Marie was the Head Nurse on the second floor. She was a stern woman with ice blue eyes and a head of tight black curls. She saw me sitting in Room 215, in the dark, mop bucket beside the door.
She pointed at me, then the door. I got the point.
“What are you doing in there?” Her voice was a rough whisper, the practiced tone of someone used to speaking low.
“I was just sitting.”
“The nurses’ station still needs cleaning.”
“I know. I heard everyone talking and was waiting for things to quiet down.”
“Really? Is that how we do things now? Wait until it’s convenient?”
“I’m sorry. I just wanted to see her. Heck said–”
“Heck’s not a doctor, and he shouldn’t be saying anything.”
“Because he’s a janitor?”
She lowered her head. “That’s not what I mean. I know you mean well, but this girl… she’s a special case. We don’t know who she is. If someone were to come along and see you alone with her, and in the dark, there could be liability issues.”
“I was just sitting,” I said. “Listening to her breathe. Making sure.”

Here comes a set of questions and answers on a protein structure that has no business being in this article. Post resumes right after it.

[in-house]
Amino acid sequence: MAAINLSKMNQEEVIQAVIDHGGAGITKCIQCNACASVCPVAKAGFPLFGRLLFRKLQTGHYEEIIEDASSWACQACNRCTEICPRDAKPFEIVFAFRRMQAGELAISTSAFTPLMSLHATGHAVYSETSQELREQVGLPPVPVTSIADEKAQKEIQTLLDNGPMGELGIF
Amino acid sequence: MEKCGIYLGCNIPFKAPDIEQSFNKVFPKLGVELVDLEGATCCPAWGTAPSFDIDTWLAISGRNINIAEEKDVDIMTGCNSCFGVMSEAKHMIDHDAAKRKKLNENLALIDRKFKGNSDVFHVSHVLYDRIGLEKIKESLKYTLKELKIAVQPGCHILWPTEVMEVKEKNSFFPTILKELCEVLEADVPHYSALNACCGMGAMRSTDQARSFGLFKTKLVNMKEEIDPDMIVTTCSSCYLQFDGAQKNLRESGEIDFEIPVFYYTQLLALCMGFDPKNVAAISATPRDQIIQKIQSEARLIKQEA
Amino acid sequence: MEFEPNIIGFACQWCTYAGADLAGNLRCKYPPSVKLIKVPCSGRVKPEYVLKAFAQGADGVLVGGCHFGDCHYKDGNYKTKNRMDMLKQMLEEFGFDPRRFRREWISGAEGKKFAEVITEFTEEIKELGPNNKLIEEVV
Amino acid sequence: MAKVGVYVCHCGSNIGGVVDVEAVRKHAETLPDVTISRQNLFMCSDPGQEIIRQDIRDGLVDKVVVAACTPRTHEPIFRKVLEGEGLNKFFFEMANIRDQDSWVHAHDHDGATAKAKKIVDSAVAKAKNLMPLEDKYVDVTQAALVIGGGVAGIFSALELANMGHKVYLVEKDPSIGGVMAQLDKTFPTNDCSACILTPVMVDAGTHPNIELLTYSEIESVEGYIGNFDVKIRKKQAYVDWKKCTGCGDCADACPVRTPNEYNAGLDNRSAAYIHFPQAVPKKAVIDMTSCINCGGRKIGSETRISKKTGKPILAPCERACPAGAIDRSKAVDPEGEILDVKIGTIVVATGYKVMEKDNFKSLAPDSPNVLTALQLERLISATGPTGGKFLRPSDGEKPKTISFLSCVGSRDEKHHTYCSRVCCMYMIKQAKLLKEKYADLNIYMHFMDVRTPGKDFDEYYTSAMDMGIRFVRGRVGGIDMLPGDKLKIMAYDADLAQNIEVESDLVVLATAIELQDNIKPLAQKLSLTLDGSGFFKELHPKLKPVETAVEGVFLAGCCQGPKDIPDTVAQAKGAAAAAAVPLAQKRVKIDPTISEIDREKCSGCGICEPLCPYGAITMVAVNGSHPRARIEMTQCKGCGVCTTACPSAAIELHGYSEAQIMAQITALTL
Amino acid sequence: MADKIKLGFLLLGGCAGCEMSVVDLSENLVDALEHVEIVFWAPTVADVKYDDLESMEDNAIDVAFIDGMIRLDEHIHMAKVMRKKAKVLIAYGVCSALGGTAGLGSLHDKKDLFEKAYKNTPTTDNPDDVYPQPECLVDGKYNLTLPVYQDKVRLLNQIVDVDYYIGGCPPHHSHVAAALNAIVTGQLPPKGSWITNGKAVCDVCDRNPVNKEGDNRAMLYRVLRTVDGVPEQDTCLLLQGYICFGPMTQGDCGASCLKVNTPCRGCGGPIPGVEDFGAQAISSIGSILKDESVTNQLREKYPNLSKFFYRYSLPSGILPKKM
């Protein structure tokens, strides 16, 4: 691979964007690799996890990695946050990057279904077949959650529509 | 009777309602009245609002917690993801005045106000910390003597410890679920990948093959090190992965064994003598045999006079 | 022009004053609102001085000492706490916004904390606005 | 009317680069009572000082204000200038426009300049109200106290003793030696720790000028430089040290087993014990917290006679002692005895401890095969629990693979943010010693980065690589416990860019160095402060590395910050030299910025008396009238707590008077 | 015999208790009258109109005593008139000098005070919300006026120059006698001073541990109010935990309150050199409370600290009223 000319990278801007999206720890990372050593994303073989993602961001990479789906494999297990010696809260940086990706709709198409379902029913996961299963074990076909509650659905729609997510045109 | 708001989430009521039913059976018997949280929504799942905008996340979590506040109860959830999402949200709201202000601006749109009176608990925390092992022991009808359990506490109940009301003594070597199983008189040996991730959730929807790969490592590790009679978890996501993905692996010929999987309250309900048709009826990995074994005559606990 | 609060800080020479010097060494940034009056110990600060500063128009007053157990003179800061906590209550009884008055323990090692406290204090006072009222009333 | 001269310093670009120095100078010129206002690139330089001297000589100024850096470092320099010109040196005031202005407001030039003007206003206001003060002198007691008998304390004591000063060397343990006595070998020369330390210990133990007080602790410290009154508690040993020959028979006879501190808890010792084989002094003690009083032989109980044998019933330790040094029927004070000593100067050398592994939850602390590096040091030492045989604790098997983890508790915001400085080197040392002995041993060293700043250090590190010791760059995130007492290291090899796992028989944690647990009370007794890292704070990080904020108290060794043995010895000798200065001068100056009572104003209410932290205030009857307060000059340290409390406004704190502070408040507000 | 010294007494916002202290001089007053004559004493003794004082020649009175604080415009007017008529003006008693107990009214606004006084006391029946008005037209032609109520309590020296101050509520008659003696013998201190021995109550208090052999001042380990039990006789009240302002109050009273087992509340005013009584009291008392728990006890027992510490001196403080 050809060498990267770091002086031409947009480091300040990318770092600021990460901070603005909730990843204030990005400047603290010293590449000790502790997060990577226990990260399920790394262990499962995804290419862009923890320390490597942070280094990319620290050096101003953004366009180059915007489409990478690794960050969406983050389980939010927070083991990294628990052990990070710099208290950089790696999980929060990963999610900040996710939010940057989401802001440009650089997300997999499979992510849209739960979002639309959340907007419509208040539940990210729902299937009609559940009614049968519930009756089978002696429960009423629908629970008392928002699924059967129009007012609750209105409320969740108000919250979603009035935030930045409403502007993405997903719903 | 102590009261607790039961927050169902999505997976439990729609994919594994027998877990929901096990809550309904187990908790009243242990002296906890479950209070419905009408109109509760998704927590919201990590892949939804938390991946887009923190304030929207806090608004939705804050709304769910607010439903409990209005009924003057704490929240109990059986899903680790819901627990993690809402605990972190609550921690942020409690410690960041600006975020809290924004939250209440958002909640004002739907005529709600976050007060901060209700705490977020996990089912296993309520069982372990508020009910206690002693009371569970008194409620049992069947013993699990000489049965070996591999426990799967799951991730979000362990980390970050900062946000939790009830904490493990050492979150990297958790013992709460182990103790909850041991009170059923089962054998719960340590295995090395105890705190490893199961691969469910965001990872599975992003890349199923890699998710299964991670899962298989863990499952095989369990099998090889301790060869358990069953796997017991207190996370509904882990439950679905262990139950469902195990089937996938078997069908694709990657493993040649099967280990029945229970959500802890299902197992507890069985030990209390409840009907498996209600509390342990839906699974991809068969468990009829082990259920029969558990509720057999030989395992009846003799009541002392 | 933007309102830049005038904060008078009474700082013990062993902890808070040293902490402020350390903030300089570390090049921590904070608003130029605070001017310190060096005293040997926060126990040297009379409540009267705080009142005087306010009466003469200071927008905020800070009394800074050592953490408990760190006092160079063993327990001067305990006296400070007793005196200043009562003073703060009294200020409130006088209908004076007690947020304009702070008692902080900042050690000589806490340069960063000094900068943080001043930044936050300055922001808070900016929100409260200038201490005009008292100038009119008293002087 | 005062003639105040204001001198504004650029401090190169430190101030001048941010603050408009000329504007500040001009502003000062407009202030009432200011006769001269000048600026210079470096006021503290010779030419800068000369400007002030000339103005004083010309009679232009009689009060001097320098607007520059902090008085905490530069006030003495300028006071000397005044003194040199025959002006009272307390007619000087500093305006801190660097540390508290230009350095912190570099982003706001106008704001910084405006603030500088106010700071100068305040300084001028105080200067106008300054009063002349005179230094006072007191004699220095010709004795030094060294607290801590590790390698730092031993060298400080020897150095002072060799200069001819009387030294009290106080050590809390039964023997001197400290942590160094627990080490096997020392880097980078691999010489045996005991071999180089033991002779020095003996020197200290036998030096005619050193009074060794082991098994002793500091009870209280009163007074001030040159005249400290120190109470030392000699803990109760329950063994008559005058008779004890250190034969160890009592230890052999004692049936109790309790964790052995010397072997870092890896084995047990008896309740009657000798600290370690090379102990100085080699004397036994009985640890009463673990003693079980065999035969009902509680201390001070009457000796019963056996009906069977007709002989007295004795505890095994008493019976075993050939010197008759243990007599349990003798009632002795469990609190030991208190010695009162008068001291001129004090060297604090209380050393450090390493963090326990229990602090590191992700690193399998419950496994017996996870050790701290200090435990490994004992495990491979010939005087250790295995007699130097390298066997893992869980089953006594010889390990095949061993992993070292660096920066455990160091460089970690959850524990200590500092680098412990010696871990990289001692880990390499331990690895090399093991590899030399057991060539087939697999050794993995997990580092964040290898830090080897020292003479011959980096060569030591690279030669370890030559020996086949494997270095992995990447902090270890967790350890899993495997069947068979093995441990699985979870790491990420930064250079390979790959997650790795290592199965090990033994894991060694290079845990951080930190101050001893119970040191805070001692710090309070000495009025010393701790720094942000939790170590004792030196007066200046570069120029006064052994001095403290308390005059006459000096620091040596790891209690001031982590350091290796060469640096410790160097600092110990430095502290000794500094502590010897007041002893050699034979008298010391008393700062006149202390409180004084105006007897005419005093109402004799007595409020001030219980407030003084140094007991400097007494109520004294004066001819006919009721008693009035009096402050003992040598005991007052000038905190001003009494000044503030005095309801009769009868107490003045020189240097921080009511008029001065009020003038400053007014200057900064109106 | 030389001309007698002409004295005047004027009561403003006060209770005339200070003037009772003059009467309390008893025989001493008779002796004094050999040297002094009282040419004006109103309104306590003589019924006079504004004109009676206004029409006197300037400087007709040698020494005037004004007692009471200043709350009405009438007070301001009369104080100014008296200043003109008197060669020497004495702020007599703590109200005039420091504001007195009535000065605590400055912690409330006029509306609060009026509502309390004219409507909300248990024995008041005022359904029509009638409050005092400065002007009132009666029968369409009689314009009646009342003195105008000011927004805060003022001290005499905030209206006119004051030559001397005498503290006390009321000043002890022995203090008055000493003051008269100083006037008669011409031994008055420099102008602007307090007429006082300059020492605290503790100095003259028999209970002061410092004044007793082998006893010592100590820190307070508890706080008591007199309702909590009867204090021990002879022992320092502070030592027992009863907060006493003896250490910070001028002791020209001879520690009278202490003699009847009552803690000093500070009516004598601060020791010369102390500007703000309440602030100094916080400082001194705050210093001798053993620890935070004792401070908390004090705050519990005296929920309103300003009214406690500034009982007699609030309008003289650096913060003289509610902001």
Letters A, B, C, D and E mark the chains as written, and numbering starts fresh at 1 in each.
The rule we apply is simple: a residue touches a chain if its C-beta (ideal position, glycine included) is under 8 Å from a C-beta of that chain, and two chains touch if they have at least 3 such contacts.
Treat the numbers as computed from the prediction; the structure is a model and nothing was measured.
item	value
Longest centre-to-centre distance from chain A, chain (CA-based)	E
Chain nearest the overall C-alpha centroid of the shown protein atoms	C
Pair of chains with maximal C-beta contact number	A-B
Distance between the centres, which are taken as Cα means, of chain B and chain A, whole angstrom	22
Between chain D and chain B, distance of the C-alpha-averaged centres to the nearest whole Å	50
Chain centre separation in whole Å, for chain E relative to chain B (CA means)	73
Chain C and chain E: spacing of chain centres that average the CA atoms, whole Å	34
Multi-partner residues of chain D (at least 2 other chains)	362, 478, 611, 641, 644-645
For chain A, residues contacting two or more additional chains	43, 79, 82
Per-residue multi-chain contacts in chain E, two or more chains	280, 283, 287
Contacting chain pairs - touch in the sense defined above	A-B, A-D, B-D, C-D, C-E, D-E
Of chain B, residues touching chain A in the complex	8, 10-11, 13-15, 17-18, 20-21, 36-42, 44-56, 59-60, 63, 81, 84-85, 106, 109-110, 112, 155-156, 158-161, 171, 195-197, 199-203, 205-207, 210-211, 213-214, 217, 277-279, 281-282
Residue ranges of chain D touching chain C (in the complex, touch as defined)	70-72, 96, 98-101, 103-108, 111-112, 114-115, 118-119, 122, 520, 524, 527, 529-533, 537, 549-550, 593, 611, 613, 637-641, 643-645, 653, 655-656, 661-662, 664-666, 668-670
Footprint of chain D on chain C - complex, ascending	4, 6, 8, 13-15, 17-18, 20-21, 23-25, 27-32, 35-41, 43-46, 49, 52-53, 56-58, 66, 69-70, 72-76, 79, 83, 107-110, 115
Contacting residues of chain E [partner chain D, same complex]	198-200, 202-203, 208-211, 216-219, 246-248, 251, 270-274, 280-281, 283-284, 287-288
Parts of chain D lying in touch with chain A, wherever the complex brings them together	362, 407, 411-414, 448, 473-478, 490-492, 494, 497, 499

“That’s still not good. Look, I know you’re harmless. You’ve been working here, what ten years?”
“Oh. I mean, okay, sure. But you can see how it looks.”
“So I’ll turn on the light. It won’t bother her, will it?”
Marie smiled. A rarity. “Twenty-five years. Okay.”
I nodded. “I’m a lifer, I guess.”
“Indeed. Well. Look. If you’re going to visit her, let one of the nurses know beforehand. I still don’t know why you’re in there.”
“She doesn’t have anybody,” I said. “I thought a voice might help her. If she can even hear me.”
“We’ve been calling her Heather. It’s a perfume she was wearing when she was admitted. Dolores Henley said she recognized the fragrance.”
“Heather. That’s nice.”
“And don’t you dare tell anyone we’ve had this conversation. I’ll tell everyone I gave you special permission to be in her room because of your work experience.”
“Okay. Thank you. I won’t stay in there long. Just talk to her a bit. And I’ll turn the light on.”
“All right. Remember, always tell the nurses when you go in there. Please don’t make a habit of it. Otherwise….” She shrugged. “And what’s your name again? I can’t remember.”
I told her. She nodded and walked back to the nurses’ station. The conversation was a lot quieter now. No one would say a thing to me, just watch me clean up their styrofoam cups and donut boxes.